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Most people in britain recognise troika and montagues and capulets but most people who hear them don't know their titles or who composed them and have never heard of prokofiev. Almost everyone is britain has heard of popular composers like mozart, tchaikovsky and beethoven but prokofiev is not a household name in britain because prokofiev is not featured on television, on arts programs or played on arts radio stations which is a shame. Prokofiev is a musical genius that has been overlooked for far too long and its about time that prokofiev was mentioned on television, on arts channels and his music played on arts radio stations. I like listening to classical music that i can feel and does not distract me from doing tasks and sends me on a journey of emotions and prokofiev's music certainly fits that bill and people who have listened to prokofiev will 100% agree with me but for those people who have not listened to prokofiev i recomend you buy this CD and i look forward to seeing your review soon. I give best of prokofiev 5 stars and highly recomend it.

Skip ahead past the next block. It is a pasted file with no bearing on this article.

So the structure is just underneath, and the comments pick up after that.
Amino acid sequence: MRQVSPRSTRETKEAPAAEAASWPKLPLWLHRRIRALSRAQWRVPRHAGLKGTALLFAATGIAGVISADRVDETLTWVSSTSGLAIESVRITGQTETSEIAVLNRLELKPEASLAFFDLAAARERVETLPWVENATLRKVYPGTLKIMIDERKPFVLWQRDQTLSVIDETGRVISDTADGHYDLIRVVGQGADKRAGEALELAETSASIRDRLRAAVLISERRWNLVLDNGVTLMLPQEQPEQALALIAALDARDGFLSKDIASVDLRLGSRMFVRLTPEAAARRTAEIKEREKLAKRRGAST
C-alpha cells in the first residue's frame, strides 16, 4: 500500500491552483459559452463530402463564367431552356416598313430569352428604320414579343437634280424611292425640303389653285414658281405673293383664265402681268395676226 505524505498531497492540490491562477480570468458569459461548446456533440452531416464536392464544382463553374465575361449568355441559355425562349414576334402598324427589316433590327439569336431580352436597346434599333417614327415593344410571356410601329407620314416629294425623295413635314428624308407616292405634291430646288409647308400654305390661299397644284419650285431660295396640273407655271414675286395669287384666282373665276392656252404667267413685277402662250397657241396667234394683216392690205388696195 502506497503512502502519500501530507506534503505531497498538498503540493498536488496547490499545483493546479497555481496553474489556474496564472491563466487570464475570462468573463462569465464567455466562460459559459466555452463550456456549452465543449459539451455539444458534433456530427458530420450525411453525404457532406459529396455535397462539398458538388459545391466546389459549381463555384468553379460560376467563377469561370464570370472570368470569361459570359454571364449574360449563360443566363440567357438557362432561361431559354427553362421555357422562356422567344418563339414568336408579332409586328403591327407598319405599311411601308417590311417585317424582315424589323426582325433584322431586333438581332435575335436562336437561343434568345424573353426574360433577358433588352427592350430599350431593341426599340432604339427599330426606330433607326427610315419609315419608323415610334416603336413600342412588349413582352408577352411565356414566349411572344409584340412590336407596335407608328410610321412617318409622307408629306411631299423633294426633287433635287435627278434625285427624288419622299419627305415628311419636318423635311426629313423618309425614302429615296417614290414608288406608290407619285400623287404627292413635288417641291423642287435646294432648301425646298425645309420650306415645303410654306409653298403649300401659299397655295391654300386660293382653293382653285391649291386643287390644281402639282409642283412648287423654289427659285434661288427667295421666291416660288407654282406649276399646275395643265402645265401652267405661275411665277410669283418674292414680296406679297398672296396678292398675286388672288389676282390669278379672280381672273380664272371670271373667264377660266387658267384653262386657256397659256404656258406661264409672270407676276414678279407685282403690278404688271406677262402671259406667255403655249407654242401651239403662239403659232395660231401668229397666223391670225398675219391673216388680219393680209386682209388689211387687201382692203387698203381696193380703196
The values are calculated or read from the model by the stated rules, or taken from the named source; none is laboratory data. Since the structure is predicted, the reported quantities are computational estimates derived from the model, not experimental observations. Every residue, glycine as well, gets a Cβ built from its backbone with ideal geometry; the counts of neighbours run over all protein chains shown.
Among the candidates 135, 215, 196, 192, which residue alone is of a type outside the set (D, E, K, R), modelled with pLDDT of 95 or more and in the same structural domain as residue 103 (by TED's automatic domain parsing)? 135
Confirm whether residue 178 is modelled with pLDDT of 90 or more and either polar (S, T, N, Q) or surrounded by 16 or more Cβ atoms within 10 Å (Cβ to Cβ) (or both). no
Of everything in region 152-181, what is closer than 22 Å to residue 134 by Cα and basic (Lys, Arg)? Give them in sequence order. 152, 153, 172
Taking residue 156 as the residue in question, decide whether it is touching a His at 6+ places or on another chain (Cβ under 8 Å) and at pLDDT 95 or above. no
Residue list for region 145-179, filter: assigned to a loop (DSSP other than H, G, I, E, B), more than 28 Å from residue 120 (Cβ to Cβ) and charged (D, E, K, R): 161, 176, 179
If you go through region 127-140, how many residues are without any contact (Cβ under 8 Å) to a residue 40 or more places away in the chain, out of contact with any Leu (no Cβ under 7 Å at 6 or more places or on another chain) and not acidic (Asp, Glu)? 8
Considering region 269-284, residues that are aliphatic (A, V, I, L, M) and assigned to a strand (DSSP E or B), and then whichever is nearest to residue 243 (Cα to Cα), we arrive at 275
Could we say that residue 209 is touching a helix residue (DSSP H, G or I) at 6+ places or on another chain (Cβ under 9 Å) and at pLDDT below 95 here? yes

This compilation represents good value for money and at just over 77 minutes the playing time is rather longer than the 1 hour suggested by the previous reviewer. Those who are new to Prokofiev will probably only recognise 'The Montagues and the Capulets' from the 'Romeo and Juliet' ballet and 'Troika' from 'Lieutenant Kije', a piece regularly used on television at Christmas time because of its sleigh theme. Some people may be surprised that 'Peter and the Wolf' isn't present even in part. I feel however that this is a work best heard in its entirety and at around 25-30 minutes would take up too much disc space leaving only little room for other music. The other pieces that are present may not be as well known as the forementioned but they're equally enjoyable. It was a few years ago that I first listened to this compilation and some of the pieces that were new to me at that time have become my favourites. Cinderella is a wonderful ballet, it captures the mood of the story perfectly. The beautiful 'Cinderella's Waltz' conjures up an image of Cinderella and the prince completely lost in state of blissful happiness as they dance away the night ever closer to Cinderella's deadline. As the clock strikes twelve o' clock the urgency of Cinderella's plight is again captured brilliantly in 'Midnight' with its tick tock clock theme. Other high points include the first and fourth movements of the delightful first symphony (named 'Classical Symphony' because it's fashioned in the style of music of the eighteenth century), the catchy, hummable second movement of the 'fifth symphony' and the brilliant first movement of 'piano concerto no.3'. It's also welcome that the 'Montagues and the Capulets' is the slightly longer version taken from the complete ballet (usually titled 'Dance of the Knights' in the complete ballet). Unfortunately the 'Overture on Hebrew themes' (another personal favorite) is not present but you can't have everything in a single disc release. Audiophiles shouldn't have too much to complain about. The DDD recordings are typical of this Naxos range. They are good quality with lack of background hiss. If I were being ultra critical I would say that they're slightly echoey and distant compared to the very best recordings but this is nit picking, especially when taking the price of the disc into consideration. The ringing sounds from the percussion in the 'Love for Three Oranges march' and the piccolo in 'Midnight' are nicely audable which is something which can't be said about all the recordings I've heard of these two pieces. Some of the conductors interpretations are a little slower than my favourite conductors but again this is being ultra critical. Certainly none of the playing is dull. All things considered this is a very worthwhile purchase.